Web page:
26 July 2011 

In today’s post we meet Anna Jones, Assistant Director on The Globe Mysteries. She tells us about her job, the initial rehearsal sessions and really getting to grips with the text and the structure of the script. 

I’m a director based in London and New York. I was at the Globe earlier this year assisting Jacqui Somerville directing the Bible reading and through that I was introduced to Deborah Bruce, director of The Globe Mysteries, who I am now assisting.

Overall, I’ve been helping support Deborah in a variety of ways, through such things as helping prepare the rehearsal schedule, liaising between different departments when needed and casting the supernumeraries for the show. I have also been running text sessions with the actors to create opportunities to run lines in groups and to further decode and analyse the language. Tony Harrison (writer of The Globe Mysteries) has adapted and contemporised the plays from their medieval roots, but there are still unfamiliar words to the contemporary ear, such as ‘wit’ (know) or ‘boun’ (ready).  In our first week, we collectively familiarised ourselves with the different vocabulary and one of my jobs was to collate a glossary of words. Similarly, the verb construction within a line is often different to what it would be today. All this takes time to apprehend and the more we and the actors have total command over every detail, the more the audience will understand the overall meaning of a line.

The general metre is also an exciting challenge; it is predominantly in iambic tetrameter (four stresses to the line), not in iambic pentameter (five stresses) as in Shakespeare. Sometimes the line will have an irregular rhythm and in early text sessions that Tony led, he talked to us about what you learn about the sense and/or emotion of the moment if the metre spills over or is contracted. From their experience with Shakespeare and other verse forms the actors are experts at this but it’s been a new challenge for most of us to apply that knowledge to the medieval verse form. Tony also talked about the many alliterations in the text, for example, how the ‘b’s can lift the language, the ‘p’s’ can be spat out, the ‘m’s denote mourning or keening. It’s a pleasure watching the actors play with the language to serve their characters at a particular moment in the play, for instance Judas’ opening speech, which is packed full of alliteration: “Unjustly injured, I Judas, by Jesus, that Jew!’.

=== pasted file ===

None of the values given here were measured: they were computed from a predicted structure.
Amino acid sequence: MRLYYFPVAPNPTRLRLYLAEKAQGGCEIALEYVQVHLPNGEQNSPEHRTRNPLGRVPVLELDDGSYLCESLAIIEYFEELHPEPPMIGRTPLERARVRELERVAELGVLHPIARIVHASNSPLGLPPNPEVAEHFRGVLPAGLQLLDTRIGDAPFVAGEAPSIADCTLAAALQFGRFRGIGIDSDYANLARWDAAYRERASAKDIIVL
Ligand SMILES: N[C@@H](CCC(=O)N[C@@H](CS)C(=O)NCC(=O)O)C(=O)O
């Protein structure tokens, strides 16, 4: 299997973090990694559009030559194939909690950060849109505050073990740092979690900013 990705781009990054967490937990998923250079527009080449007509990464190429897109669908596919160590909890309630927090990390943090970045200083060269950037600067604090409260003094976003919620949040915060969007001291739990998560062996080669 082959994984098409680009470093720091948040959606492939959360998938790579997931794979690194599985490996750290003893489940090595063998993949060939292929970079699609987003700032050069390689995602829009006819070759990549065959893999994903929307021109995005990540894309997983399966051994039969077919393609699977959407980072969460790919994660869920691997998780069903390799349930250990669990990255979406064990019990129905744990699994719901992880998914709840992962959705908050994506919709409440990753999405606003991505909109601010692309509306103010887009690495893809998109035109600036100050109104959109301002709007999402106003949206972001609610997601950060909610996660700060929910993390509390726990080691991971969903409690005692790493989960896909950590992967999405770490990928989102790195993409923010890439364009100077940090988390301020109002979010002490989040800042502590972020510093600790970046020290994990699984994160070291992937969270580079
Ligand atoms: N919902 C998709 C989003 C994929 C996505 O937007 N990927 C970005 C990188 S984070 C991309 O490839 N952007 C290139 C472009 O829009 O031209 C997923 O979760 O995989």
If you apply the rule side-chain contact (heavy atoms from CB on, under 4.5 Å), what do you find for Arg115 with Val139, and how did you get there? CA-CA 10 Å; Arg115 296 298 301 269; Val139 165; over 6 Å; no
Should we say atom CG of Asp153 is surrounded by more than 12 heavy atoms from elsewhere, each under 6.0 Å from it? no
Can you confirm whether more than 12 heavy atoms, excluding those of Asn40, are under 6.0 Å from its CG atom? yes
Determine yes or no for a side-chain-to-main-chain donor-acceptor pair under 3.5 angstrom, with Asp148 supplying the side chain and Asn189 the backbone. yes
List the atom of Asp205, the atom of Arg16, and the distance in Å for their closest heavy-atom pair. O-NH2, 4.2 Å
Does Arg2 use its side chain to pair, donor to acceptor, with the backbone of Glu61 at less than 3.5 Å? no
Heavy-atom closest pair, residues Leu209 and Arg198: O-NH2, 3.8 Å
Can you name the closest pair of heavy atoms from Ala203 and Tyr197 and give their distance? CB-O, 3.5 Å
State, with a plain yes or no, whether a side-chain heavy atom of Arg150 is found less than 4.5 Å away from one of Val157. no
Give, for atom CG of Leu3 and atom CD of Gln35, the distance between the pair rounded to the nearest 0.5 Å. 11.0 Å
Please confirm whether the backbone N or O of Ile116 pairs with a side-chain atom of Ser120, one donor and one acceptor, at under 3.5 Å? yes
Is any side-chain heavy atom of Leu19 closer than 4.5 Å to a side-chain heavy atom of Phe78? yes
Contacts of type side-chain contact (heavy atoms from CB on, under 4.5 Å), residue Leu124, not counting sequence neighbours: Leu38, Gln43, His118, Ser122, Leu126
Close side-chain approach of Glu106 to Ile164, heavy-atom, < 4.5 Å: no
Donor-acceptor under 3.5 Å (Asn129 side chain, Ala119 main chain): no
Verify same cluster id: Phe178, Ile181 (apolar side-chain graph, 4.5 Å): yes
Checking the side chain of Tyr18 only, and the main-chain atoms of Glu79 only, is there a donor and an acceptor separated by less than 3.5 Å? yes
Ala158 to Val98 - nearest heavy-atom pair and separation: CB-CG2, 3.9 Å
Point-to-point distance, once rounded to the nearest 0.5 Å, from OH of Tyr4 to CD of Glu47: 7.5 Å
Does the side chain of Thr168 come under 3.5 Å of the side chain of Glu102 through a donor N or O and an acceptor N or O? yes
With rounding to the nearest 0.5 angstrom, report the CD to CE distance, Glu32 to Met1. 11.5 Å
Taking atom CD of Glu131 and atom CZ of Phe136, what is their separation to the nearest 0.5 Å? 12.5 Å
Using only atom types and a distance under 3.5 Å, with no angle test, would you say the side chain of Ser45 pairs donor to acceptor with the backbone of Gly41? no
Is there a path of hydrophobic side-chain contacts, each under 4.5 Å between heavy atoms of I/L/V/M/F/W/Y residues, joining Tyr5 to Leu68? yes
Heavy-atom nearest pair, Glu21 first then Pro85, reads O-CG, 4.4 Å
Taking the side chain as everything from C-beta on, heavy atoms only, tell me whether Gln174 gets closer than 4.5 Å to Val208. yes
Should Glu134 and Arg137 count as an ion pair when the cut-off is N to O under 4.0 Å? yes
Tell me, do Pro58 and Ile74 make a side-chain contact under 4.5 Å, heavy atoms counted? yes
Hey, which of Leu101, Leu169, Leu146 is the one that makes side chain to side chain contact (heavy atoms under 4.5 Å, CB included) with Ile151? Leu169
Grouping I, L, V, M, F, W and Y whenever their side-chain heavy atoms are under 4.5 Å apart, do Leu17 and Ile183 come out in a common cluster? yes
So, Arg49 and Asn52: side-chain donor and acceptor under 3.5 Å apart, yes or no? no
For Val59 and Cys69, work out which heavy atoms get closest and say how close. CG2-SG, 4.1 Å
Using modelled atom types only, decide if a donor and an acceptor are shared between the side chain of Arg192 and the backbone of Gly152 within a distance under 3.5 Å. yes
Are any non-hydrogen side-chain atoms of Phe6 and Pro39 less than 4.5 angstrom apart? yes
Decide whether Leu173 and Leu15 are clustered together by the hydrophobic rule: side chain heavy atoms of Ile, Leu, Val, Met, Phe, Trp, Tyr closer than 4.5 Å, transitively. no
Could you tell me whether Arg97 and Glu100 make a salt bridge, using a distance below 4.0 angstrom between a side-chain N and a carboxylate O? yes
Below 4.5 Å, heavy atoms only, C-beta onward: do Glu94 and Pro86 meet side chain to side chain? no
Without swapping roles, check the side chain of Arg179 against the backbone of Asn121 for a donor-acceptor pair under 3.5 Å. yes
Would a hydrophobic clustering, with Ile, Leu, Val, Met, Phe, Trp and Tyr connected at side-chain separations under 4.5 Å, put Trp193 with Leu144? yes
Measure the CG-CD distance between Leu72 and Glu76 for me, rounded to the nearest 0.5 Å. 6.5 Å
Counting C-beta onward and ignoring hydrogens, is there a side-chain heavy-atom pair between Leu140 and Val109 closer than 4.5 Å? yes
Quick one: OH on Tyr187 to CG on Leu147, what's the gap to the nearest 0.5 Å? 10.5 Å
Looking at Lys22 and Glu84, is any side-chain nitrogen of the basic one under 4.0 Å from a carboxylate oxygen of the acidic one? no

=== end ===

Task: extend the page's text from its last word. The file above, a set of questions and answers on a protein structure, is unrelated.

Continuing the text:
We started with a week of table work reading through the play and discussing its story, origins and ideas for the production as a group, which Tony was present for. At the same time, Deborah started to lead exercises with Sian the choreographer, which allowed the company to physically explore themes, for instance what angels signify in a modern context and how they might physically manifest themselves in our production. Many exciting possibilities were explored which are now feeding into the production as a whole.  In the second and third weeks, we worked through the material from the top aiming to get a general shape and rough staging for the entire show. Now Deborah is going back and doing more detailed scene work continuing to shape the story with the company in rehearsals. At the same time as that’s happening in the main rehearsal room there are parallel sessions going on with fights, magic, text, voice, movement and singing. A lot going on at once!